DUBAI // A Dubai motorcyclist has ridden 1,679km in 23 hours through sandstorms and blistering heat to win a place in an exclusive US club with a somewhat cheeky moniker: the Iron Butt Association. The Chicago-based association has some 50,000 members worldwide. To get them to let you in, you have to ride a motorcycle for at least 1,000 miles (1,609km) in 24 hours or less.
For the past two years, Nelson Suresh Kumar, 40, had been dreaming of riding his classic Royal Enfield across the Emirates to qualify for membership. His plan to do it this summer was almost derailed when some friends who were to join him dropped out. Instead, Mr Kumar mapped out a solo ride from Dubai to the Saudi border. He made the trip last week, travelling along Liwa Crescent Road up to Ras al Khaimah and then back to Dubai.
A native of India, Mr Kumar has already submitted documents and fuel receipts to the association to prove he completed the trip. He is now waiting to hear back from the club's officers on whether he will join its ranks. His journey began a little after midnight on May 28 from a petrol station near Lamcy Plaza in Dubai. He made it back to the same stop at 11.09pm the same day. The club's rules require that someone witness the start and end of the ride.
The trip was not without its challenges. The fierce heat almost got to him as he negotiated sandstorms in Liwa, where temperatures hit 47°C at 10am. "I poured water all over myself many times, ate chocolate and cereal bars, drank a lot of juice," said Mr Kumar, who owns the Royal Enfield motorcycle dealership in Dubai. "I must have drunk six to seven litres of water. "The heat you deal with when you are on a motorbike is different compared to the protected environment of a car. You have a wind chill effect and a wind heat effect. It gets burning hot."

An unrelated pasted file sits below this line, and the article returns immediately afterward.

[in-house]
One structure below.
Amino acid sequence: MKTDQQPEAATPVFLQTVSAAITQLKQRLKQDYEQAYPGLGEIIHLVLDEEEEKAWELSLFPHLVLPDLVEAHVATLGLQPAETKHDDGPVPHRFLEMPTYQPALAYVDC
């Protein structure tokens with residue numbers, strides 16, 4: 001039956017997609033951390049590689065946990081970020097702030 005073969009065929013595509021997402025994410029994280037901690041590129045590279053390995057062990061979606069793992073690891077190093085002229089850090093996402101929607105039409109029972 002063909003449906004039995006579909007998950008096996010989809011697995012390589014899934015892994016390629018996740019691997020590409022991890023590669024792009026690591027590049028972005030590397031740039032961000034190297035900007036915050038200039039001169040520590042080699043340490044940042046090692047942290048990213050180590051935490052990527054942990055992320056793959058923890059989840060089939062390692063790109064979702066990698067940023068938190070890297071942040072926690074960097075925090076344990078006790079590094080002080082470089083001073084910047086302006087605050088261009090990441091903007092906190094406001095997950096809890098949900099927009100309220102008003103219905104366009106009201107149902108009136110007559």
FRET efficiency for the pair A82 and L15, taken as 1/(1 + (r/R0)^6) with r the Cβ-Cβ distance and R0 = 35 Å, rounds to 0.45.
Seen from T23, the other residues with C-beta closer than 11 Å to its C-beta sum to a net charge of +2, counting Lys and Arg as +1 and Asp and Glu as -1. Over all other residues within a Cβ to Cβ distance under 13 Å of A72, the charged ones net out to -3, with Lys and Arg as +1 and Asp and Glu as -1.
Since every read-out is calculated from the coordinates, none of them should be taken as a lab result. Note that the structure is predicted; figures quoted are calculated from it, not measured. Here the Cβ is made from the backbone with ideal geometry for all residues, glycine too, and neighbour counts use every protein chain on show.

Mr Kumar, the head of Dubai-based Classic Motorcycles, organises shorter motorcycle rides every Friday around the emirate. He took a gamble crossing Liwa in the morning heat because he was unsure whether fuel stations would be open at night. He collected fuel receipts to verify his progress. While this slowed him down, the organisation's rules demand receipts instead of GPS tracking logs. Exhaustion set in during a stretch from Mafraq to Al Ain that should have taken an hour but took double that time.
"I was so tired and hot. I rested on some lawns and that refreshed me," said Mr Kumar, who sent hourly text messages to friends concerned about his safety. Though he suffered heat boils and shoulder and back pains, Mr Kumar and his friends are planning to tackle the Iron Butt Association's most difficult challenge - the Bun Burner, or 1,500 miles in 36 hours - in October. "The heat boils were nothing," he said. "You must overcome a static state of mind when the vehicle is moving on its own and you feel you don't need to control anything."
Chewing gum and listening to music helped him stay alert. Mr Kumar has traveled long distances before. He rode a Yamaha almost 29,000km from Argentina to Alaska. Fellow motorcyclists were impressed. "Nelson did in one day what we do over three days. His is quite an achievement," said Ron Anderson, a South African corporate manager with Sun Insurance who organises an annual three-day, 1,600km motorcycle ride, the Turtle Run, from Dubai to Oman and back.